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Whether it’s the talking toys of Toy Story, the rodent chef of Ratatouille or the anthropomorphized emotions in Inside Out, Pixar Animation Studios has introduced moviegoers to a host of fantasy worlds where seemingly anything is possible.
With the Feb. 21 Berlinale world premiere of Disney-Pixar’s 22nd feature, Onward, the studio introduces another fantasy in the form of New Mushroomton, a colorful suburban alternate reality filled with magic spells and populated by elves, gnomes and trolls.
The story — conceived and co-written by its director, Dan Scanlon (Monsters University), — follows Ian (Tom Holland), an introverted and awkward teen elf, who lost his father before he was born. His older brother, Barley (Chris Pratt), is the opposite: wild and chaotic. On Ian’s 16th birthday, he learns that his father left the brothers a spell that would give them a day with their dad. But when the spell is interrupted, Ian and Barley discover they only brought back half of their father — the lower half wearing a pair of pants and shoes. They then have just 24 hours to figure out how to conjure the rest of their dad.
Scanlon, 43, talked to THR about the unlikely origins of this tall tale, landing his dream cast and the challenges of coaxing a great performance out of a disembodied pair of legs.
You came up with the story, which I know is very personal. Could you describe the genesis of the idea?
When I was a year old and my brother was 3, our father sadly passed away. So we grew up not knowing him at all, other than seeing photos of him and hearing stories from our mom. Naturally, we always wondered who he was and how we were like him. And I think that question of how we were like him was the question that became Onward — that journey to find out who you’re going to grow to be and how it relates to your family.
How did you come to cast Tom Holland and Chris Pratt?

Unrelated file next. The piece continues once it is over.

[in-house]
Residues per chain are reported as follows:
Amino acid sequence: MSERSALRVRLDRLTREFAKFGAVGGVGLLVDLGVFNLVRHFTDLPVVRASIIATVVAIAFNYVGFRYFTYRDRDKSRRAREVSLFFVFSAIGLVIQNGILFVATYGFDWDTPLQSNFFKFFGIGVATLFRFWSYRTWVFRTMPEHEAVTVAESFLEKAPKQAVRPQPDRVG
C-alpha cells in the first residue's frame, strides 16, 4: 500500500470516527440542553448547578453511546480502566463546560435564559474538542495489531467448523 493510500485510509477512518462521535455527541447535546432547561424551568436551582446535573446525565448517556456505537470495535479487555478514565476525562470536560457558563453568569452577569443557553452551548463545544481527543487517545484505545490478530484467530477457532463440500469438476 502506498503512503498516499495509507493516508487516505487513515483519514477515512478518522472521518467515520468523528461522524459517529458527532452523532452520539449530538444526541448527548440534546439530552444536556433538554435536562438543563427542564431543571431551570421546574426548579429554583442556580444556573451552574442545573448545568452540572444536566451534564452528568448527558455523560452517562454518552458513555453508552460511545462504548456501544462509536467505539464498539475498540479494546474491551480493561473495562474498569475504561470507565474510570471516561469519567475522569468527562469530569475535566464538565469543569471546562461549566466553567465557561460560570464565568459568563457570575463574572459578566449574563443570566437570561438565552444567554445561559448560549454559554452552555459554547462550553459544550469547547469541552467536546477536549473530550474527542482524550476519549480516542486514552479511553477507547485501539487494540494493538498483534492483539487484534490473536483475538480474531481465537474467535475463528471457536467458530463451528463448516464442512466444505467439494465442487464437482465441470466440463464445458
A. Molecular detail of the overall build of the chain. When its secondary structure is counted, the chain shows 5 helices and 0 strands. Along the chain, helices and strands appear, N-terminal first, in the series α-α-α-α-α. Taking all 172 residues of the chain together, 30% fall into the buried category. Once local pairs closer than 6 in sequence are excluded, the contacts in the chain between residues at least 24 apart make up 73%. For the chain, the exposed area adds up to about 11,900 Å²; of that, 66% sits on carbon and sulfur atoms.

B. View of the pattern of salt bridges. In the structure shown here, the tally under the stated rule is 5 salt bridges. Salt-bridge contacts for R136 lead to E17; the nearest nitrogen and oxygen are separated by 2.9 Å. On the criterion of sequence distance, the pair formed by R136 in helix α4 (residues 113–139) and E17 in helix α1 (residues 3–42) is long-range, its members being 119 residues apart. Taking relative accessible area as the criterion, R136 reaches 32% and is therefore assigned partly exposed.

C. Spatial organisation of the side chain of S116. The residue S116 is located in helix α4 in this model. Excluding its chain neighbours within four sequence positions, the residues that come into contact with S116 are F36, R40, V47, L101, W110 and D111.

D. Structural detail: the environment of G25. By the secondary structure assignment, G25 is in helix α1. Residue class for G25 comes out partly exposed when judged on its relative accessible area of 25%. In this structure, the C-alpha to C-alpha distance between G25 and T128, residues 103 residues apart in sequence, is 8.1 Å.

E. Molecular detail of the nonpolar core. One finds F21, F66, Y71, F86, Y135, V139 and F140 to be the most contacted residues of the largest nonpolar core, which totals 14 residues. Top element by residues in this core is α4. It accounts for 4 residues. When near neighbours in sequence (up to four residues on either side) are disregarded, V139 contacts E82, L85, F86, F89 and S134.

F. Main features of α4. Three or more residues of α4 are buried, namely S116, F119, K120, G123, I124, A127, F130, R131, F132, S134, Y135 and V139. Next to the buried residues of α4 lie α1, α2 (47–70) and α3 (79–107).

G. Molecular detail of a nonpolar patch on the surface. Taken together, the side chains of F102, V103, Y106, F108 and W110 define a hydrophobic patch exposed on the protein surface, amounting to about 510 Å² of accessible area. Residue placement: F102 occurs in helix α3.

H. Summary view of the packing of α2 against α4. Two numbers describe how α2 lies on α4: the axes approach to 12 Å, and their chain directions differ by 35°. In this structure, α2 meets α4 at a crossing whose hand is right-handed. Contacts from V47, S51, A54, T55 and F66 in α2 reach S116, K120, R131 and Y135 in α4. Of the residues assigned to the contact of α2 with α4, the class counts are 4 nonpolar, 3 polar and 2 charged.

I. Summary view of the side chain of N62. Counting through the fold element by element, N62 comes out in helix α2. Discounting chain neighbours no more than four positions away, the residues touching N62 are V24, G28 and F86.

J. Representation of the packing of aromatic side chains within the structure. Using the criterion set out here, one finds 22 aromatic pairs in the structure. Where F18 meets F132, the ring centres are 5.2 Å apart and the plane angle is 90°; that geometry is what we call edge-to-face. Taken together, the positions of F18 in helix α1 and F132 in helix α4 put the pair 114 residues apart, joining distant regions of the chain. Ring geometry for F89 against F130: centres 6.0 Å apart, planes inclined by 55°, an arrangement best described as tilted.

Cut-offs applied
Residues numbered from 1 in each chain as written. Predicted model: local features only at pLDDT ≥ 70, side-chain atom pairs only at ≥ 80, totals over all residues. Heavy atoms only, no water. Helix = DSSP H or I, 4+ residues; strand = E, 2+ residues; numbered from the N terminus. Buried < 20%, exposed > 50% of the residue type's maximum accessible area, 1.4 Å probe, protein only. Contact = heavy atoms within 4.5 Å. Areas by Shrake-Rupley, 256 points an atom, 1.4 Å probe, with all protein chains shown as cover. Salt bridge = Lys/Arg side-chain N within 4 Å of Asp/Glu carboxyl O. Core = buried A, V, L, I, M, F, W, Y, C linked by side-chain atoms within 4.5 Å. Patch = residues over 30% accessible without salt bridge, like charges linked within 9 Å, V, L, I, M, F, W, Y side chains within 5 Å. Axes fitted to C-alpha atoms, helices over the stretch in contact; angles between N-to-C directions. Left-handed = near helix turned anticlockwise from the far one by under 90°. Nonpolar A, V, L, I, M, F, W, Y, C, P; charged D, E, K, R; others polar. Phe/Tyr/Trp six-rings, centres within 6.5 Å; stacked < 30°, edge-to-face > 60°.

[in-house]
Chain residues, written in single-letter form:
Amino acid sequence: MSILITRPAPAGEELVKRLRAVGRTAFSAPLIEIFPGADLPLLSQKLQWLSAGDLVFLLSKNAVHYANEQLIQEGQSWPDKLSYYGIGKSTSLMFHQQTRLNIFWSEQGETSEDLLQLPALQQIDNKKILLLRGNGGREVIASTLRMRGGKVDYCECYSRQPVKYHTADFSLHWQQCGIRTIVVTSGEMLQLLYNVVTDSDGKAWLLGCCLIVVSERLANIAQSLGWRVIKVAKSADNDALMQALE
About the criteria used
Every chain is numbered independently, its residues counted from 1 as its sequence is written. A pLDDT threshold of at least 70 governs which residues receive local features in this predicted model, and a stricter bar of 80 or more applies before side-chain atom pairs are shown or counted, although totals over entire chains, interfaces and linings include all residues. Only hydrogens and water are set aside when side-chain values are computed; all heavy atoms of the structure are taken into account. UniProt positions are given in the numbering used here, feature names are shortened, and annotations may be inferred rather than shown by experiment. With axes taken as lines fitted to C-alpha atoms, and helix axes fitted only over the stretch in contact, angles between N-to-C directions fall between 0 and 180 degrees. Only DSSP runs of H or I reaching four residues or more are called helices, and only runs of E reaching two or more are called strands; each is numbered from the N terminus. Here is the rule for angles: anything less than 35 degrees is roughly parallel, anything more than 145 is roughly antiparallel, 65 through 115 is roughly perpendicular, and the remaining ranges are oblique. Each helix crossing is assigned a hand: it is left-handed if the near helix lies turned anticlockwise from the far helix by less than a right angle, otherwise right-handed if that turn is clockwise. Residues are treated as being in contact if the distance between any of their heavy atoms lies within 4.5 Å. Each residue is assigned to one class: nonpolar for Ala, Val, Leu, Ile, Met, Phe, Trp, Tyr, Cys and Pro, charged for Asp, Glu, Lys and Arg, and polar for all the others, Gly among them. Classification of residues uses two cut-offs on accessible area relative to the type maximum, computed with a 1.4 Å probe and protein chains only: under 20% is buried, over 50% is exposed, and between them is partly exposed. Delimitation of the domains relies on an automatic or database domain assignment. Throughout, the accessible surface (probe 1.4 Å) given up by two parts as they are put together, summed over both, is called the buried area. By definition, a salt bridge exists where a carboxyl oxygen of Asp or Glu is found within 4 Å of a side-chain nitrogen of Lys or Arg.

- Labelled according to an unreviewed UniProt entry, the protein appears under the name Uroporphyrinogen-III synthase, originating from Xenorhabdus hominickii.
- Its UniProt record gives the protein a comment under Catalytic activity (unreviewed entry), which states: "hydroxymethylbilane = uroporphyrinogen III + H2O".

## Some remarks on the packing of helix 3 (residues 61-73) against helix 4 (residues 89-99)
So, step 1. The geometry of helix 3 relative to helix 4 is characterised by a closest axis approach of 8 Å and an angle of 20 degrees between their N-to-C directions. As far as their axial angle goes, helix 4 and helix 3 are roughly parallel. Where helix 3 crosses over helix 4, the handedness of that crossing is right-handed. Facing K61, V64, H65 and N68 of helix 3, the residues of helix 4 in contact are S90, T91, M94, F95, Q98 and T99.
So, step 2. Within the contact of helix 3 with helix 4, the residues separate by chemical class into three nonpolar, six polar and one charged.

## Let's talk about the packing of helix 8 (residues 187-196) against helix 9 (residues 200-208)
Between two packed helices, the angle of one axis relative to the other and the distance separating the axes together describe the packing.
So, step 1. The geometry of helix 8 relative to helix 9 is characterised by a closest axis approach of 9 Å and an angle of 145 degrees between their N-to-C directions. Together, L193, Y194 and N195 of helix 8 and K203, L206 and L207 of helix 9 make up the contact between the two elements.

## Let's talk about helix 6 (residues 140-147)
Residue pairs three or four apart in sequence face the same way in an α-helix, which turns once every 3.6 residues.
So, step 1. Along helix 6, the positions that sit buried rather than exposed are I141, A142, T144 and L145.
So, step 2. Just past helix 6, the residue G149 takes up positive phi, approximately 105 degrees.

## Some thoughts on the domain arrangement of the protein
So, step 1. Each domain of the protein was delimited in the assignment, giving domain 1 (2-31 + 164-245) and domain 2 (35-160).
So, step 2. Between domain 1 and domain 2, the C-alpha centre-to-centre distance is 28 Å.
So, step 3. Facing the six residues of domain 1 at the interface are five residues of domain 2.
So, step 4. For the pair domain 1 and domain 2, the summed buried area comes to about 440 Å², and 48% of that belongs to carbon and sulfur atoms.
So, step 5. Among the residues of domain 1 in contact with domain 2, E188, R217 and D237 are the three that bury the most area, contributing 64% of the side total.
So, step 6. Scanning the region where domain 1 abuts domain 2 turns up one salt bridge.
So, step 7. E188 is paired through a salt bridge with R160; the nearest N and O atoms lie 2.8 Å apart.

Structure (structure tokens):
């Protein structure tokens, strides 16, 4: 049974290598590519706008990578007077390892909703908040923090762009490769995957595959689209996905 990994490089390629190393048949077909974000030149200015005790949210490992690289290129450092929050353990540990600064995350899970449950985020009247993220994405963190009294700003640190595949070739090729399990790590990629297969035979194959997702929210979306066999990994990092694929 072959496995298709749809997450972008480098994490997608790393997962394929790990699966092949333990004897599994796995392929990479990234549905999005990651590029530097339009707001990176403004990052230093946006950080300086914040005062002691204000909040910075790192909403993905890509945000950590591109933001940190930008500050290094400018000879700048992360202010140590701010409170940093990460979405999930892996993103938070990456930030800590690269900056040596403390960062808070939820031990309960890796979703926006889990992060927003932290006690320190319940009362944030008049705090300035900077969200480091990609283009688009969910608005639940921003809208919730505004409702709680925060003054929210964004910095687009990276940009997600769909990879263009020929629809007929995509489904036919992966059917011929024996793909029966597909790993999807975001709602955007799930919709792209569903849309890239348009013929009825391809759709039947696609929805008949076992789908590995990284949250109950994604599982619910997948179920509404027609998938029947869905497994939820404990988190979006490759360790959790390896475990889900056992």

In the case of Ian, we wanted someone who could be shy, who could be awkward in a fun way, but was also sensitive and sincere. He has this sincerity and drive that makes you root for him. But Tom is also really great at being awkward and goofing up his words and, charmingly, being uncomfortable. And then in the case of Chris, he is just this wild tornado of personality and energy. Chris is so funny and charming that he can also get away with doing things that the character might do that would be annoying, but in a really fun way.
There’s also a fantasy game element in the film. Can you explain that part?
In this world, they have role-playing games like they do in our world, only theirs are historically accurate. Part of the fun of the movie is when the boys get their hands on a real magic staff. Barley is suddenly the expert on how to do magic. His knowledge, which was kind of useless before and just for game-play, now, whether Ian likes it or not, [it makes Barley] the authority in this particular situation.
You put together a “spell squad” to come up with the names of the spells in the movie. How did that come about?
The other writers and I, to be honest, weren’t the biggest fantasy fans when we started. But we have a lot of real, authentic fantasy fans at Pixar. So those people who were on our story team got together and they created their own language. They came up with something that had a real logic to it. You can always tell what spell is going to happen based on the root word, having a connection to what is actually taking place, and yet it has its own specific fantasy flair. When Tom Holland was recording with Chris Pratt, he said to Chris, “I like doing the spells, they sound cool.” I went back and told the story team, “Spider-Man thought your spells sounded cool.”
When Ian and Barley start to bring their father back, the spell is interrupted and they are greeted by just a pair of pants and shoes. Can you describe the challenge of animating this character?
It was a big challenge for the animators to figure out how do you make a pair of legs emote. It’s awkward and weird and uncomfortable to look at, at times, but I think that’s part of the charm of it. The animators actually filmed themselves with greenscreen shirts and hoods on, and then just tried to act with their legs wearing these khaki pants and men’s shoes. It was the beginnings of figuring out how you can kind of get some emotion based on the way you tap [your foot] or the way you lean your weight to one side. In the end, I think they found that very small movements can communicate a lot.
Did you try it yourself?
I did. And I pulled a muscle. I was just achy and out of shape. So I feel for the dad character in this movie. We figured out a way to establish some foot tapping between the boys and dad so that they could communicate a little bit, but not much … because that’s really the drive of the movie — to be able to have these three talk to each other.
Interview edited for length and clarity.
This story first appeared in The Hollywood Reporter’s Feb. 21 daily issue at the Berlin Film Festival.
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